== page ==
Jaxson Kahn, 23, encountered the nightmare that is Toronto’s rental market when he moved to the city to join a small tech startup. He ended up sharing a basement apartment almost an hour away from work.
Fueled by a booming tech industry, Toronto’s economy has produced an all-too-familiar problem: soaring housing prices beyond the reach of the middle class. That’s also plagued Vancouver where prices soared even higher than Toronto.
Now, Canada is embarking on an ambitious plan to create more moderately-priced rental units. With land handouts and tax incentives provided by the city and provinces, one group hopes to bring 50,000 affordable apartments to Toronto and Vancouver in just 10 years.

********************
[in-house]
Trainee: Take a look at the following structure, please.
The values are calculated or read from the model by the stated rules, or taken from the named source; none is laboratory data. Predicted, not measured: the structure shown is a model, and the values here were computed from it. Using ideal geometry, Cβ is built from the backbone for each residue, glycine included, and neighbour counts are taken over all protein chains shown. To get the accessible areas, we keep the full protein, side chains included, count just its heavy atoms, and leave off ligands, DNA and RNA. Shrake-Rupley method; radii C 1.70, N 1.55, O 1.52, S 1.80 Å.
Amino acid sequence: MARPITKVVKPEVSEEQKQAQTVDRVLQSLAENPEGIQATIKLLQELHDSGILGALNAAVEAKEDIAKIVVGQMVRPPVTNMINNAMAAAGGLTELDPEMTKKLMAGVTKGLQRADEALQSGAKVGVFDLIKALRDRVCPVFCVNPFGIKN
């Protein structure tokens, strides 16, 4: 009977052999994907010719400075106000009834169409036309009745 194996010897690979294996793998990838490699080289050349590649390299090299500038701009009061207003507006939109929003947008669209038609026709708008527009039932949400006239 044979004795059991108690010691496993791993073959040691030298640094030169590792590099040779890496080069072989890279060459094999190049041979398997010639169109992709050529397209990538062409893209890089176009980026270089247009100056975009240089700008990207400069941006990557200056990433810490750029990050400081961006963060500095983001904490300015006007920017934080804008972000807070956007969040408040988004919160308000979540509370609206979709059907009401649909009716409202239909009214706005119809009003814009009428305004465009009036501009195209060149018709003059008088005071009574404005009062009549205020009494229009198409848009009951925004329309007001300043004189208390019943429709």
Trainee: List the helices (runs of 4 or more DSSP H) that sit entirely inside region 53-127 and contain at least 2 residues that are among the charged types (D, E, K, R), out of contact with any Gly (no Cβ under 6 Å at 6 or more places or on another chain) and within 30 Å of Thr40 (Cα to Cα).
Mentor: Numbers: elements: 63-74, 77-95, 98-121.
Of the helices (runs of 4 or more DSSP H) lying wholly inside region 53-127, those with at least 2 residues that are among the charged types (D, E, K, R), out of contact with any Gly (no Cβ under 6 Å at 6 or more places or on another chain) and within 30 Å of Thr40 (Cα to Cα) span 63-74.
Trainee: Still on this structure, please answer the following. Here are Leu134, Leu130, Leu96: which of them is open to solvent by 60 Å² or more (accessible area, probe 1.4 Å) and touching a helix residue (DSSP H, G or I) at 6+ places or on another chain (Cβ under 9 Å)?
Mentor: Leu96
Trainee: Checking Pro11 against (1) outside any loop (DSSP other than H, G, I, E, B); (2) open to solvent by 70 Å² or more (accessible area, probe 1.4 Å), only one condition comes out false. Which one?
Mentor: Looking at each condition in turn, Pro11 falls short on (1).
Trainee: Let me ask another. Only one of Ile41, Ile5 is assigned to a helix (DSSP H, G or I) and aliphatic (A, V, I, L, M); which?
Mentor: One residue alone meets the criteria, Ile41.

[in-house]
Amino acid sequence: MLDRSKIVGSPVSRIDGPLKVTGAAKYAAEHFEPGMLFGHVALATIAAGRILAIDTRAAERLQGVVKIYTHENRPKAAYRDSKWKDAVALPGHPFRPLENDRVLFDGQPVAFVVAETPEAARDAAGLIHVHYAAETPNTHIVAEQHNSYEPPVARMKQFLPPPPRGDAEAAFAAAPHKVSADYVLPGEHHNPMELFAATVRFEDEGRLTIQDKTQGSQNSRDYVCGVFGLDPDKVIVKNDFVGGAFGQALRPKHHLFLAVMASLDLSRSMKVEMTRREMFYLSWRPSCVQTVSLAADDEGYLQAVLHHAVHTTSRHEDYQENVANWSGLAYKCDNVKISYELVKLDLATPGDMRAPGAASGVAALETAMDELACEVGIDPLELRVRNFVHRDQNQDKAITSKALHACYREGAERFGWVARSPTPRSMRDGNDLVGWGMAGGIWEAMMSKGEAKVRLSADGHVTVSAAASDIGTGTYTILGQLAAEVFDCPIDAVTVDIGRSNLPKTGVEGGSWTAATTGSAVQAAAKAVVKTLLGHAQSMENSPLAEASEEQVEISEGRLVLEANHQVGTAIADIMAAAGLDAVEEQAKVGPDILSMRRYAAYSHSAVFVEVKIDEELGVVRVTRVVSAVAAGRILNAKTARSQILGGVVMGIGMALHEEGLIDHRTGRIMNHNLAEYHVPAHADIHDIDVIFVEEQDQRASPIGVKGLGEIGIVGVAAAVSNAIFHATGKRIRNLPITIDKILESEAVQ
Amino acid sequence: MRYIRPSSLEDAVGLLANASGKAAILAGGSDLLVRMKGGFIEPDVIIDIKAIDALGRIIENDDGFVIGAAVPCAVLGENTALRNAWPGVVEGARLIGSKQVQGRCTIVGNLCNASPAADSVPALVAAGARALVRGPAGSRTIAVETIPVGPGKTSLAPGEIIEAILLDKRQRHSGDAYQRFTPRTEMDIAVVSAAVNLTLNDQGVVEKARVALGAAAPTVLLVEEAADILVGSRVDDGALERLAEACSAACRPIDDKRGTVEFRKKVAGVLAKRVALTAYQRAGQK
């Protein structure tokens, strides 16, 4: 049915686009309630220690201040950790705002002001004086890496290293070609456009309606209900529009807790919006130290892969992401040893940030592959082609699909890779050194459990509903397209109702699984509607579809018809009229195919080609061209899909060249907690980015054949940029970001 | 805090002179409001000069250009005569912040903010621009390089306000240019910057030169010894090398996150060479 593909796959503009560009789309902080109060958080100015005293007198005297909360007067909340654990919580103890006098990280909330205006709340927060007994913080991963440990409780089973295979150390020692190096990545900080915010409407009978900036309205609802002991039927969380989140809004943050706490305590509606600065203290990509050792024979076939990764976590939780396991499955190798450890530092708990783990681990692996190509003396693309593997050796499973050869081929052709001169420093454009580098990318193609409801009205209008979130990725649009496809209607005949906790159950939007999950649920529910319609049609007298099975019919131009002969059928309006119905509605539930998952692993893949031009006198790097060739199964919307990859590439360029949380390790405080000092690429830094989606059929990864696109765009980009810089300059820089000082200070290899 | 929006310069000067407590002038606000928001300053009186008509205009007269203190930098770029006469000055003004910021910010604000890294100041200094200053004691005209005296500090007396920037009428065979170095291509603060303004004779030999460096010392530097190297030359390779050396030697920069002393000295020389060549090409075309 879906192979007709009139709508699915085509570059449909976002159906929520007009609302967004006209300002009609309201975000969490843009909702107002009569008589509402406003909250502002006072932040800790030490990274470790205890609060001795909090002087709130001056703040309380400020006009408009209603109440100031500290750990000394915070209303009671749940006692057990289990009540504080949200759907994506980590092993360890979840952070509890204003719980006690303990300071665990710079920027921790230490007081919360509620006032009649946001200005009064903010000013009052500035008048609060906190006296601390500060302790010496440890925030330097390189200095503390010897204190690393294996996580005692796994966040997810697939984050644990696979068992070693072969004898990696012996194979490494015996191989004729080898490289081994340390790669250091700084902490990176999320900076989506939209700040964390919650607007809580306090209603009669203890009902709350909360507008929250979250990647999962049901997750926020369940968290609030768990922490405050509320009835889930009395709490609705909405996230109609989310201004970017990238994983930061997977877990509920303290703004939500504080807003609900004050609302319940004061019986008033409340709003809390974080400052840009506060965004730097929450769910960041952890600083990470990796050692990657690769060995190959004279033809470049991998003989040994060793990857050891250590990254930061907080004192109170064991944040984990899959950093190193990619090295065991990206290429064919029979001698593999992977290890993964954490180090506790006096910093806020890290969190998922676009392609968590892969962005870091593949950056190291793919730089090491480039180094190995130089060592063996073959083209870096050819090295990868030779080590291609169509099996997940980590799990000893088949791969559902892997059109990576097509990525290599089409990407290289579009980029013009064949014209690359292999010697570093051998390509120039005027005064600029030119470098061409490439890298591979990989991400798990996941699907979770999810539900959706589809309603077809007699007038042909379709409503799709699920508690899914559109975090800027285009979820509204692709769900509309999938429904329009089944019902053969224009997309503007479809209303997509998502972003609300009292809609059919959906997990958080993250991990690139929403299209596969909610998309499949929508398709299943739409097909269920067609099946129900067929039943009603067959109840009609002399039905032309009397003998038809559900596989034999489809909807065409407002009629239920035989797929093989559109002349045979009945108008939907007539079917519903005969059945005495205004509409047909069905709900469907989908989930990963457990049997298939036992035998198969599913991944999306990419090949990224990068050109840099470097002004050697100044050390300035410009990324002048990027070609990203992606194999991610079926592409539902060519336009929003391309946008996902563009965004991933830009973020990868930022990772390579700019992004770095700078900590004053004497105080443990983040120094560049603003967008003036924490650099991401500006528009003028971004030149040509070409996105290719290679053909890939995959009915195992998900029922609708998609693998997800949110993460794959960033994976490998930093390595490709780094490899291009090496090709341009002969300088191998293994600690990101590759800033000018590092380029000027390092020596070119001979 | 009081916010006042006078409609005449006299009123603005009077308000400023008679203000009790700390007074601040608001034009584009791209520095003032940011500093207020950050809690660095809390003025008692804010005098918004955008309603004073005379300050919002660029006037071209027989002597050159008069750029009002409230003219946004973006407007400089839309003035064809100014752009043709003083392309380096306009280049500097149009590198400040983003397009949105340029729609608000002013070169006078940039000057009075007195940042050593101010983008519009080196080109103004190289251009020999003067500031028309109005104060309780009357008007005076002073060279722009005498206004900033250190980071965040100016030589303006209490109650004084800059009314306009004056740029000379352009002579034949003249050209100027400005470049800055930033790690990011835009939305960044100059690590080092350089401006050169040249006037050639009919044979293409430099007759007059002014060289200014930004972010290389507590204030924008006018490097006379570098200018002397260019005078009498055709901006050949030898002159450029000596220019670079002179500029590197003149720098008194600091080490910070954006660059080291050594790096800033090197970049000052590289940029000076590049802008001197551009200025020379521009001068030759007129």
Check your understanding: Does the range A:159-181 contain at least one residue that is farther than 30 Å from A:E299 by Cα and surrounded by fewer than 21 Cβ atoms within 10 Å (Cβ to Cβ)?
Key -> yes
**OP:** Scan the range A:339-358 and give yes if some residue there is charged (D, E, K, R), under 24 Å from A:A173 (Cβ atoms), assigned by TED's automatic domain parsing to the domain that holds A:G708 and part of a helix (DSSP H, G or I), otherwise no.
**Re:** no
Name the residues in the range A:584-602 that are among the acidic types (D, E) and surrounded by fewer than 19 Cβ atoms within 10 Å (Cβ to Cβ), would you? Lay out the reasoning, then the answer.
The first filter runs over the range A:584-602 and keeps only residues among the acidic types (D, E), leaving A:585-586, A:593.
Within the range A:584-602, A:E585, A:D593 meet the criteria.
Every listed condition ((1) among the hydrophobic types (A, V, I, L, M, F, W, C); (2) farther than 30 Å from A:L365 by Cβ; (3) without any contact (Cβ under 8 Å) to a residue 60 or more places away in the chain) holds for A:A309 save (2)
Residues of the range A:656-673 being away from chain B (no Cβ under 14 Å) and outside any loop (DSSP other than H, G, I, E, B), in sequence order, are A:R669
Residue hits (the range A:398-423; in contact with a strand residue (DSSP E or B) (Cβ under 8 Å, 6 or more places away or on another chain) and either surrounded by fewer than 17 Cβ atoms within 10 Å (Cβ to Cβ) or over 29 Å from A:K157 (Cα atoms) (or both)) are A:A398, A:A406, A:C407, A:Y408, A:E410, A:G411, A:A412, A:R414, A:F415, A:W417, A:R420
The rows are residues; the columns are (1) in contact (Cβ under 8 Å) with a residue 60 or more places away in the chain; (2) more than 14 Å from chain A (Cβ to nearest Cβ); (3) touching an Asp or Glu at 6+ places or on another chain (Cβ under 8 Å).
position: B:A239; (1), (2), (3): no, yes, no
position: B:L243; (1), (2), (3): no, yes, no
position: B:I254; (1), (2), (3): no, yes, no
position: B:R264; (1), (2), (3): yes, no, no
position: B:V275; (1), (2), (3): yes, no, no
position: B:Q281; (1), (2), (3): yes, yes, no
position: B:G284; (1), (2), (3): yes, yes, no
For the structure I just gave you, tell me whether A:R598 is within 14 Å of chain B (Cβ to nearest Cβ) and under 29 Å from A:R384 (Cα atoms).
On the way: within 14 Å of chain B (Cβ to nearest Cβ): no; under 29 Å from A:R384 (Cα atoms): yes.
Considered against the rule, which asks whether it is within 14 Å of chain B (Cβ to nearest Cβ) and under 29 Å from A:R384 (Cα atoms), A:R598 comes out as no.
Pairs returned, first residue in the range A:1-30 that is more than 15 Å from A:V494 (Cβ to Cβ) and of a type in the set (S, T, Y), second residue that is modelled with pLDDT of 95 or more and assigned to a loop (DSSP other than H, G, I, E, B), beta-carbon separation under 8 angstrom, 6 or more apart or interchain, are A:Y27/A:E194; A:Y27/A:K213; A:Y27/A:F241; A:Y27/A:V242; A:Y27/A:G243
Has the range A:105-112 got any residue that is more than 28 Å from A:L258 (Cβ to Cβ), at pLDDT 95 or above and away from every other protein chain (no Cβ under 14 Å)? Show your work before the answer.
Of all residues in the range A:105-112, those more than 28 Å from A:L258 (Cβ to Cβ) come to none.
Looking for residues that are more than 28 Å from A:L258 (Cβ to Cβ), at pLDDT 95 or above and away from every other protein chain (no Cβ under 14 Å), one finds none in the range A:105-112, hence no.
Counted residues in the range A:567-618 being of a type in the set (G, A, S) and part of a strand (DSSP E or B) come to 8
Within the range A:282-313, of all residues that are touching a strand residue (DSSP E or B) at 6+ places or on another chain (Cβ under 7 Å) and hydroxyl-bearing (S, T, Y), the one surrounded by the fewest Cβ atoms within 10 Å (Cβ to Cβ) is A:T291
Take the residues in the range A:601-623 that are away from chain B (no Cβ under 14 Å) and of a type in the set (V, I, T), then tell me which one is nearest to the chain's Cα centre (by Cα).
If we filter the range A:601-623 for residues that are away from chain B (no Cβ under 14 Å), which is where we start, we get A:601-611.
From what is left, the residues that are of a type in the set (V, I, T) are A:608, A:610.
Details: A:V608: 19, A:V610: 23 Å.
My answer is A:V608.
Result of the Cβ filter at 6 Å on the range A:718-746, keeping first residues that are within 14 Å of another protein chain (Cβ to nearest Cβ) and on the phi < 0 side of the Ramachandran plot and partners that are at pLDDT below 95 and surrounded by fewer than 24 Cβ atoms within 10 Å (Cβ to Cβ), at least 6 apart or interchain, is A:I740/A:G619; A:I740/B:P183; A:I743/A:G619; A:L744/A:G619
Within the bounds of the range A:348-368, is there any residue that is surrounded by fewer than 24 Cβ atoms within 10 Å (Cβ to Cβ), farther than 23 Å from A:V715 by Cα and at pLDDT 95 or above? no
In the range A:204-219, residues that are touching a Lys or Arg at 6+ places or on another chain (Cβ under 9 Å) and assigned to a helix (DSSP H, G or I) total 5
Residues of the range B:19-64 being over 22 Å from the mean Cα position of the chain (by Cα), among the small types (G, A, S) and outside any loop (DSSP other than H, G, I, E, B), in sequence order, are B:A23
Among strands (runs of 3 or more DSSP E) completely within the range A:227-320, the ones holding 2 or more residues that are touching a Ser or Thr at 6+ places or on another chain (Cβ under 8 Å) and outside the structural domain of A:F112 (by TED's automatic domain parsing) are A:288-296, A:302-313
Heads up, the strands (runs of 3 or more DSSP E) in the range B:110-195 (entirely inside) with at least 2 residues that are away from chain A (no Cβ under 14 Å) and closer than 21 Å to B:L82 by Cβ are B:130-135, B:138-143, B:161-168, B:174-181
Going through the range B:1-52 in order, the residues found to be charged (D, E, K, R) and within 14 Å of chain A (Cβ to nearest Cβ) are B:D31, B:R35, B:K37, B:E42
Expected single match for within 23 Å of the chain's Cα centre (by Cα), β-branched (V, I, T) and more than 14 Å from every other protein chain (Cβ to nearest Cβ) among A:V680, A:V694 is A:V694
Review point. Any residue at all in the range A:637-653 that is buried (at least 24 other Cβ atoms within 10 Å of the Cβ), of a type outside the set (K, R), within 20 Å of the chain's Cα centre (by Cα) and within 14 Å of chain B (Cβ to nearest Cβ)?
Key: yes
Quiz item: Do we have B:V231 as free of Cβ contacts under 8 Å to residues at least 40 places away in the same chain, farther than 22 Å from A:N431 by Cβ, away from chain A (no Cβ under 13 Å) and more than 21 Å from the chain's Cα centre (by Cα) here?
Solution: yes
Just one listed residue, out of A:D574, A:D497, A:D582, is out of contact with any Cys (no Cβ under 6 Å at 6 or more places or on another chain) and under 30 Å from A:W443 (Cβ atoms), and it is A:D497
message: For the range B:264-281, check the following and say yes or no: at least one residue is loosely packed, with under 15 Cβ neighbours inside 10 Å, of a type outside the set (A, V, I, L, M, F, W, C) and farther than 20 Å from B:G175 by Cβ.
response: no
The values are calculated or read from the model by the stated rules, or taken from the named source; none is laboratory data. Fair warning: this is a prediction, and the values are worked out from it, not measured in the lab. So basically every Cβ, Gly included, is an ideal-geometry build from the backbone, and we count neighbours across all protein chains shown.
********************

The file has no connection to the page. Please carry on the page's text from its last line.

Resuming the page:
The project, to cost at least $10 billion, is at a scale never before seen in Canada, both in its size and speed. And it’s raising questions about whether or not the country will be able to address its affordability problem before it’s too late.
At stake, proponents say, is the continued growth of Canada’s biggest cities. Last year, Toronto ranked first in UBS Group AG’s annual list of major cities worldwide with the greatest risks of a housing bust. That has made even property developers who have reaped big profits fretful that critical workers will be priced out of housing.